Lorenzo Secondari, veteran of the first World War and engineering genius, is a leader of the futurist revolution in the diminutive Adriatic port of Fiume! Together with Frau Piffer, a manufacturer of torpedoes in a women-run and women-owned factory, The Ace of Hearts, a sympathetic aristocrat and spymaster, and the Prophet, a womanizing warrior poet, they overthrow communism and capitalism in favor of free love, art, and poetry.
As SF alternate history, it is refreshing to read a story based on a lesser-known, localized event, instead of WWII. More of the story than you would expect is true, with elements of mood-setting and imaginative dieselpunk, including aerial torpedoes, mass produced single-shot pistols, the F-ray, trenchcoats, futurist uniforms, biplanes, and titles like, “Minister of Vengeance Weapons”. Hitler, Mussolini, Houdini, and Lovecraft all make some sort of pulpy appearance.
Together with the propaganda-style artwork and the title, I expected much more of a light-hearted character-driven romp. Instead, the reader is presented with a slow-moving plot and dense prose. None of the characters are immediately engaging, although Secondari dies on the battlefield and is brought back to life with advanced seance techniques, and he has a special admiration for Frau Piffer. But the more I think about the story, the more I like it. It’s smart but aloof. It’s a philosophical idea. This is what happens when an art revolution has the impetus and resources of technology and engineering.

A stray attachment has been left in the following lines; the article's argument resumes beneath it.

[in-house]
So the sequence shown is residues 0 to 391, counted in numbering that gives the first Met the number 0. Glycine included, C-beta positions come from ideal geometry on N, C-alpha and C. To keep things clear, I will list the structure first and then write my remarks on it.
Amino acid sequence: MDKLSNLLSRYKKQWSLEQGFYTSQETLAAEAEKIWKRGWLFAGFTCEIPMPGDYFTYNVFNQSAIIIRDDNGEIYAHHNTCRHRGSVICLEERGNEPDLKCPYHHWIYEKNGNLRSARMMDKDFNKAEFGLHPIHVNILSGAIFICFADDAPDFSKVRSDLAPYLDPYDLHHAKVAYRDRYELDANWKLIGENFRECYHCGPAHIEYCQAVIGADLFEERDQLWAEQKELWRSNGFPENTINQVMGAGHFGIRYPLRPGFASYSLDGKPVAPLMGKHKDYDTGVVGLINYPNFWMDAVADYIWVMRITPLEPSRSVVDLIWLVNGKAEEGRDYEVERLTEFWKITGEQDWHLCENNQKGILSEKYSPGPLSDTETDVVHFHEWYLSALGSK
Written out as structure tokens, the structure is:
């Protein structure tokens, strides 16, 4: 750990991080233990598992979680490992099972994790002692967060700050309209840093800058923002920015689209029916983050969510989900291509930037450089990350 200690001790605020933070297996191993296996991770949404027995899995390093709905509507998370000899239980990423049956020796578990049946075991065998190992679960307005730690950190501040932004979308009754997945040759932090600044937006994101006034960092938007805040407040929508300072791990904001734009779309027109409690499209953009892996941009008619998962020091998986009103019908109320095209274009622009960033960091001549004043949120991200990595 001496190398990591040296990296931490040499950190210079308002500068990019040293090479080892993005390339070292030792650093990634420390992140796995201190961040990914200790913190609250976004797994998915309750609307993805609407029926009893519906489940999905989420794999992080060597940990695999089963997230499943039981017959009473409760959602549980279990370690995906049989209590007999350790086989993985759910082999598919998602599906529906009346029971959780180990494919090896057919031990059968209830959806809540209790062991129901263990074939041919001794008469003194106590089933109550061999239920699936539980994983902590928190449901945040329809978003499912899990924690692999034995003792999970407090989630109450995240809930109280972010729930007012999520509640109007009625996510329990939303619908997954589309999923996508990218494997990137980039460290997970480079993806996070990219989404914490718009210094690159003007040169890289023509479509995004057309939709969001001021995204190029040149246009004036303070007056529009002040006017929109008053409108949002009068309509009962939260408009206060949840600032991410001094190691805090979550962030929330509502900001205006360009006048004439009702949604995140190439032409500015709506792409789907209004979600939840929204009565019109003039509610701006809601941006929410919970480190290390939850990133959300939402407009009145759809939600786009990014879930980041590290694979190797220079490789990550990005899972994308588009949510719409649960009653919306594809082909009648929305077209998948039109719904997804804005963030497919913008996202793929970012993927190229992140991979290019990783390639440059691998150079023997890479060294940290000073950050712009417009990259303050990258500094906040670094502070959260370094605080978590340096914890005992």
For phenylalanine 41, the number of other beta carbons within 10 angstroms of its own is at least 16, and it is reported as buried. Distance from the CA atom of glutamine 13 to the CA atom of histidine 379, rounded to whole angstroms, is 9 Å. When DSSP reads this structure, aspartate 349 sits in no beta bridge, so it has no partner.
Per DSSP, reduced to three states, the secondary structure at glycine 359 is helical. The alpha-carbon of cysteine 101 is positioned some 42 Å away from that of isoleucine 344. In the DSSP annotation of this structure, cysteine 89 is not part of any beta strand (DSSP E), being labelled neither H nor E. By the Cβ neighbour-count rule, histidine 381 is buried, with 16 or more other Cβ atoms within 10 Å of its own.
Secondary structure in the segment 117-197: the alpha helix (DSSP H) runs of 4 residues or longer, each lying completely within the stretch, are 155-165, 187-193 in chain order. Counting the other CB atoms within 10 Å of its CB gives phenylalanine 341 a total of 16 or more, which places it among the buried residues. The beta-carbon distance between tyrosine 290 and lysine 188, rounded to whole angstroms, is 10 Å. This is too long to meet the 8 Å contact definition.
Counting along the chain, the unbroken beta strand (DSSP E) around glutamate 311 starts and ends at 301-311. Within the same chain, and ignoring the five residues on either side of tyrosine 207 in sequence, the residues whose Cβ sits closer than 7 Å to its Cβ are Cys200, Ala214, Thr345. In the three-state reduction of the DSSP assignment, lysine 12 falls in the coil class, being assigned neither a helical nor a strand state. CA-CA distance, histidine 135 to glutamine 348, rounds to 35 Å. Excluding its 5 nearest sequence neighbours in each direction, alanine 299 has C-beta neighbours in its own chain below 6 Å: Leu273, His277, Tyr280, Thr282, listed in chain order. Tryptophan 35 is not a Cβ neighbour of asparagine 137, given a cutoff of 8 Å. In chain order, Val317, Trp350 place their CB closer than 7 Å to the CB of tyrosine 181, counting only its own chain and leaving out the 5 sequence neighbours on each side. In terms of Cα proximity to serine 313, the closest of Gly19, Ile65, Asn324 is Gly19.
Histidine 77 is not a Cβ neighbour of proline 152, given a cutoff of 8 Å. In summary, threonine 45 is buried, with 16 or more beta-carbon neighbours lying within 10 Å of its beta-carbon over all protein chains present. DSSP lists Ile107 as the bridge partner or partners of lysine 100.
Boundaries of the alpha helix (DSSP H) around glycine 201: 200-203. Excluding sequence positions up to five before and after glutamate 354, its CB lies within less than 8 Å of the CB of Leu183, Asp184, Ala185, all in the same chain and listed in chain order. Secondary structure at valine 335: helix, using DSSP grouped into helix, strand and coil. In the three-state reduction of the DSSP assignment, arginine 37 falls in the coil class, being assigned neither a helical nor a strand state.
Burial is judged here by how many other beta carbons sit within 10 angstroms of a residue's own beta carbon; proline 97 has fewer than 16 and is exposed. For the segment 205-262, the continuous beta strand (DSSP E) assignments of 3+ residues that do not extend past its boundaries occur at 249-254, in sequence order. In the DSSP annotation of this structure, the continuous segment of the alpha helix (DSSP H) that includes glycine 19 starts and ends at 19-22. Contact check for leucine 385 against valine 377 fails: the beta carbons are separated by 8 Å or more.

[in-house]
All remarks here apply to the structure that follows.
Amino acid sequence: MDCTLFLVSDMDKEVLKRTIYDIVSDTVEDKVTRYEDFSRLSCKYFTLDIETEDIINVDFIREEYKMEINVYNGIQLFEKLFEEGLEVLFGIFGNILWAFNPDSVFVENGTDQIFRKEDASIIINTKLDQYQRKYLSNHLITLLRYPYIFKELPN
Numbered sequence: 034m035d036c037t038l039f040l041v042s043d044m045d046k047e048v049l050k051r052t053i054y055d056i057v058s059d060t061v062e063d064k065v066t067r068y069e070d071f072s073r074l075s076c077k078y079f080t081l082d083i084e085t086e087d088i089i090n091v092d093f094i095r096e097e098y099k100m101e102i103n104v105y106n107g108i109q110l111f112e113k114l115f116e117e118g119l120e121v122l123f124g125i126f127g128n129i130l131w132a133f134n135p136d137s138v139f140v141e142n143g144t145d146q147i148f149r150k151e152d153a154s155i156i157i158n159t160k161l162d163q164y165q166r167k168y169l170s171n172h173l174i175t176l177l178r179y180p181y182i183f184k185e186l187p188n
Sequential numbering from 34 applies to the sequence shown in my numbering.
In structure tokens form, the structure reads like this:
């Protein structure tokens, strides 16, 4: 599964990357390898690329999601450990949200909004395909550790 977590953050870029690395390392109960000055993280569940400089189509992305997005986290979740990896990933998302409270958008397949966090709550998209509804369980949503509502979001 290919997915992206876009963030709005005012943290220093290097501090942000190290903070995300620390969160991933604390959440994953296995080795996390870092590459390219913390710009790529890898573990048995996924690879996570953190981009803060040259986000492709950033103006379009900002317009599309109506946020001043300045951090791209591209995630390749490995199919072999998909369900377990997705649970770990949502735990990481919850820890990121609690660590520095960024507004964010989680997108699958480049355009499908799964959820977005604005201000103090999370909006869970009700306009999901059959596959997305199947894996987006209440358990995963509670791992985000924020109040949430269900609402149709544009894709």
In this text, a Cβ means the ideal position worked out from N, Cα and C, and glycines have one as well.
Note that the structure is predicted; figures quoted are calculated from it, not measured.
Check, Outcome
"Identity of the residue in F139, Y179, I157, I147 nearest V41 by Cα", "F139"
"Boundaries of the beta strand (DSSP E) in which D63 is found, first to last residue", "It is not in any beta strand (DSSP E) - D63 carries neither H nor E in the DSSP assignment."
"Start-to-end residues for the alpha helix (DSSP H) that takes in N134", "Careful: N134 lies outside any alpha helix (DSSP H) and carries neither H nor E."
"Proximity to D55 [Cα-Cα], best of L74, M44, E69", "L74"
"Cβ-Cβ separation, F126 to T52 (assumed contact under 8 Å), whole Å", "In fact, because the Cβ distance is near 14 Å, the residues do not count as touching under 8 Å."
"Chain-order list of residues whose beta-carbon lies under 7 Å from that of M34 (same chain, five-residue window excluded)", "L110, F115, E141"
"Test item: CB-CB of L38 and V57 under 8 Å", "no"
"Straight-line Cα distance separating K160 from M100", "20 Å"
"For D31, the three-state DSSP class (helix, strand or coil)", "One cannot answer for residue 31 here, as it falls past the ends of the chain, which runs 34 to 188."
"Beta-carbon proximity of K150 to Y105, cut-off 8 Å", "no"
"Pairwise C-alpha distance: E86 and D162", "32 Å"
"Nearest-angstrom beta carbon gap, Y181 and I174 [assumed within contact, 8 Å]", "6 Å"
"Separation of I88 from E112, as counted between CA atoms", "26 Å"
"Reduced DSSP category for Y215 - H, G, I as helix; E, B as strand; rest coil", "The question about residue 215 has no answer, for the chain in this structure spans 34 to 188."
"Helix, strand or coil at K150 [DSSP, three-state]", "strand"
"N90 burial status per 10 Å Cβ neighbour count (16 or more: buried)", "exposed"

Included with the novella is a transcript of an author interview, a short account of the true history of Fiume, and an artist statement regarding the works that open and close each chapter. I recommend reading these first, as they provide a lot of context and appreciation for the work. As Bruce Sterling is better known for his hard science fiction, I am excited to start reading his other works.
Recommended for Dieselpunk fans and history buffs!
“We lead the way into the Future, of course! With industry, with engineering—and from a real position of strength! Marinetti is entirely right. Out with the old Roman statues. Now we bring in the race cars.”